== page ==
It was not easy to find out much information about the church building, but it is apparently about 60 years old and was added to at least five times during its history. The local firm of Forté Architecture & Planning Inc. was retained to unite the various additions under one cohesive design. The result, judging from photos, is rather striking in a surrealistic sort of way. I could not find a good photo of the inside of the church, but the service was held in front of a small wooden altar behind which was knotty-pine paneling. Two candles burned on the altar, and the Paschal candle and some baskets of Easter lilies stood nearby.
They have all the usual ministries, all well documented on their website. In normal times they have one traditional service on Saturday evening and another on Sunday morning, and a contemporary service on Sunday morning as well. Today’s service was pre-recorded and posted on their website.
Although it is located in the Idaho panhandle, Coeur d’Alene considers itself a suburb of Spokane, Washington, which lies about 30 miles to the west. Eighteenth century French-Canadian fur traders called the native peoples Coeur d’alene (heart of an awl), as they struck a hard bargain when it came to fur trading, although in their own language the natives called themselves simply ‘the people who live here.’ Throughout the 19th century the area was known for its rich silver mines. Today one major mining firm still has its headquarters in Coeur d’Alene, and healthcare, education, media, retail and recreation also are among the city’s economic mainstays. It’s a pleasant city and a popular recreation spot all seasons of the year.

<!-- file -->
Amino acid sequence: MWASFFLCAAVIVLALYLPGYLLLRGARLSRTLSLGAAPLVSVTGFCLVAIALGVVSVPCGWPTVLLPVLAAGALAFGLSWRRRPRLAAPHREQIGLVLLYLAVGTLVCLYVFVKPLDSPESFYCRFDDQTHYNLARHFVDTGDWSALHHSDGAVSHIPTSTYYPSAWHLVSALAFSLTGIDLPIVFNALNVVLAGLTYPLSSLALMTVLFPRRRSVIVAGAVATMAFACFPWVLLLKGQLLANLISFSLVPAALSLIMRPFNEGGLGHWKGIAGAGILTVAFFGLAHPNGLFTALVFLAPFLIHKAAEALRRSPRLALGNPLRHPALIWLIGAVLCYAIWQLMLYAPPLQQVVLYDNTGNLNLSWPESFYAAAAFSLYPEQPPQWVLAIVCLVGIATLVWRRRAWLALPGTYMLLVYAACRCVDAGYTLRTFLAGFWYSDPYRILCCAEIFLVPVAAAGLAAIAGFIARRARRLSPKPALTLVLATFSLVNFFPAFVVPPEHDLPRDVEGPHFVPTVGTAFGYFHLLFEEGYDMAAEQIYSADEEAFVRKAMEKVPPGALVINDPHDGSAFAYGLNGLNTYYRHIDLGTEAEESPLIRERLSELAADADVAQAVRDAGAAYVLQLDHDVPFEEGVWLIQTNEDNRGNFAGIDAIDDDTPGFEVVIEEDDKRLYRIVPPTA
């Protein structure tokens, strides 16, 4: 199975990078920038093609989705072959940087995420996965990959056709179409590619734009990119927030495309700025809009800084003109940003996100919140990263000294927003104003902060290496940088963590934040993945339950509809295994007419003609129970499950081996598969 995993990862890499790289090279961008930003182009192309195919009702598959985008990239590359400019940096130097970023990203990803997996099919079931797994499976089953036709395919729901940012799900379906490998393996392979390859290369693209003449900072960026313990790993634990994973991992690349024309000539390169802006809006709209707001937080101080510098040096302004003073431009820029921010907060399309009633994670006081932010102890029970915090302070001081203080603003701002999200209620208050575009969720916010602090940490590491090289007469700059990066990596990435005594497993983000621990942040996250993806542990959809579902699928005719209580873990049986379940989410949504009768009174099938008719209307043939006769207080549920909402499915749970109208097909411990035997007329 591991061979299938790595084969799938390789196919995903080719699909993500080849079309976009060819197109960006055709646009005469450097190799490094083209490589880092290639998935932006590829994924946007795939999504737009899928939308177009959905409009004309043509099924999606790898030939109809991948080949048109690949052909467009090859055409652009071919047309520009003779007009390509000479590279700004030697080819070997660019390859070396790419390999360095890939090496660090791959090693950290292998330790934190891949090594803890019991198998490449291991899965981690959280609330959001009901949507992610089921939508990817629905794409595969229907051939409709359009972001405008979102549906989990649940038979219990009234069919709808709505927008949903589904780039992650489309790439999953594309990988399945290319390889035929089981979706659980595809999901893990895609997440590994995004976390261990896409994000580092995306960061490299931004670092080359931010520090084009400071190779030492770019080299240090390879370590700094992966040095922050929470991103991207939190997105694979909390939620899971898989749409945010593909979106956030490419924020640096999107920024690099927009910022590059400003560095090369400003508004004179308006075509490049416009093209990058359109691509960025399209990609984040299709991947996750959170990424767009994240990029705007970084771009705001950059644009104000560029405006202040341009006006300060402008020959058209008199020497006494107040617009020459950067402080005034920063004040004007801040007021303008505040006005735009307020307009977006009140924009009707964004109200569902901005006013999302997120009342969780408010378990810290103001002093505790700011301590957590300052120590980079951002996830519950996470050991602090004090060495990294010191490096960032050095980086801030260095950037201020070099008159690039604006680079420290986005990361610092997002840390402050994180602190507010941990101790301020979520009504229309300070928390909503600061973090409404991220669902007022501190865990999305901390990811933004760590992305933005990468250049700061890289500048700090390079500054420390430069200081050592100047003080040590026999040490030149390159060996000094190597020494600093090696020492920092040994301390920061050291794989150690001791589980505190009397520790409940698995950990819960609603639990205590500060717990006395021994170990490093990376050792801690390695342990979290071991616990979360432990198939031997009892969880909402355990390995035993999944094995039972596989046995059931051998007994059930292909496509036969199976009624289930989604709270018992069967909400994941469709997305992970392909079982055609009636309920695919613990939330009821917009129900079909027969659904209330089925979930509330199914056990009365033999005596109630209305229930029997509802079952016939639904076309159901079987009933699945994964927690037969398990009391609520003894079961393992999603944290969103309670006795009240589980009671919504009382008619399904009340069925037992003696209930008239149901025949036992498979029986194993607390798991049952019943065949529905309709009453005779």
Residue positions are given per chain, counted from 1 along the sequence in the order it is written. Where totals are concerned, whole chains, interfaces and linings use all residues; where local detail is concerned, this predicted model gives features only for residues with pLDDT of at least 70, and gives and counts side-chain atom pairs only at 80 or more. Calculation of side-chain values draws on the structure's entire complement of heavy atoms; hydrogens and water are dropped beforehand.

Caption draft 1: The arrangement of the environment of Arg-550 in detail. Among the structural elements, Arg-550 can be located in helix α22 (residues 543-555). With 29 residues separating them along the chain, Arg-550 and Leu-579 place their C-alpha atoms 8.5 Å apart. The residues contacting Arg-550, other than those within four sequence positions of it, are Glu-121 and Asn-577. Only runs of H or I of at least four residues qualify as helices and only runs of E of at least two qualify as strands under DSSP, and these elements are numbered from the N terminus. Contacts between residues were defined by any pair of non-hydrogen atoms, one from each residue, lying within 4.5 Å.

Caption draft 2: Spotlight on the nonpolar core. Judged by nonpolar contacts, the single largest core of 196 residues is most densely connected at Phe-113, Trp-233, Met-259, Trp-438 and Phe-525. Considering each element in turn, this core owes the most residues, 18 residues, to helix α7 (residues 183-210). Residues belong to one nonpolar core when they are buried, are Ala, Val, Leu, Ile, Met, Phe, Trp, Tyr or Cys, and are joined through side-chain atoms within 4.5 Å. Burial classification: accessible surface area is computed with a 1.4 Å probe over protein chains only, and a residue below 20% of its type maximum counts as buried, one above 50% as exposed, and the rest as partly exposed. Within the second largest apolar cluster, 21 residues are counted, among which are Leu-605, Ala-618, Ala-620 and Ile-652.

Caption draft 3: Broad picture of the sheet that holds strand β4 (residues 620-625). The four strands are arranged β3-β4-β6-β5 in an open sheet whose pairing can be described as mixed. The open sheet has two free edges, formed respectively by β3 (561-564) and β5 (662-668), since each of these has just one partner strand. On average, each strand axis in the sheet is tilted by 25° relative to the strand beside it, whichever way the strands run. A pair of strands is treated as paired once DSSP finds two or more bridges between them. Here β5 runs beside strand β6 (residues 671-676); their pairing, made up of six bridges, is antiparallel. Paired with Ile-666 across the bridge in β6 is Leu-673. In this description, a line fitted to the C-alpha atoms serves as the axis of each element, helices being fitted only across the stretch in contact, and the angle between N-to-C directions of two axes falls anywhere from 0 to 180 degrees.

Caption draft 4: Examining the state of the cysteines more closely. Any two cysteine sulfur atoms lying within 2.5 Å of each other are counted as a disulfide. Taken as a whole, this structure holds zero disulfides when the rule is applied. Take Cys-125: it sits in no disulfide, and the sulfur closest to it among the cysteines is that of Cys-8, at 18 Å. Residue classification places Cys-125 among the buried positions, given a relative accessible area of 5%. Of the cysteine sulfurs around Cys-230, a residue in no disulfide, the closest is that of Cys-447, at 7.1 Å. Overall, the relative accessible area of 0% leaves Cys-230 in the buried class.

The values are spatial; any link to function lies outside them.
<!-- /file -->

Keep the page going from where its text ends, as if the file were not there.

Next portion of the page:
The deacon. He did not identify himself as such, but his name was helpfully displayed on-screen and I was able to look him up. He looked quite dapper in a brownish-grey suit and yellow tie. Another gentleman, wearing a black-and-white patterned untucked sports shirt, gave the children’s message. The senior pastor, dressed in a charcoal suit, pale yellow shirt and dark red tie with yellow designs, preached.
What was the name of the service?Pentecost Sunday Service.
How full was the building?
Impossible to say, as there was no on-line counter.
Did anyone welcome you personally?
Was your pew comfortable?
My desk chair was just fine.
How would you describe the pre-service atmosphere?
Idaho is the only state in the United States where the north lies in a different time zone from the south. After assuring myself that I was in the right time zone, I accessed their website and clicked on the link for the on-line service. But I needn’t have bothered with time zones, as I found the Pentecost Sunday service pre-recorded and ready to play – although there was a separate link for livestream worship also.
What were the exact opening words of the service?
‘Good morning, Christ the King, and thanks for joining us.’
What books did the congregation use during the service?
None. Words appeared on screen.
What musical instruments were played?
Organ for the opening and closing hymns; acoustic guitar for the modern tune.
Did anything distract you?
At times, various still photos were spliced into the camera feed; this was distracting. Also, at one point the camera panned backwards, revealing spotlights and cables on either side of the altar – but it quickly recovered.
Was the worship stiff-upper-lip, happy clappy, or what?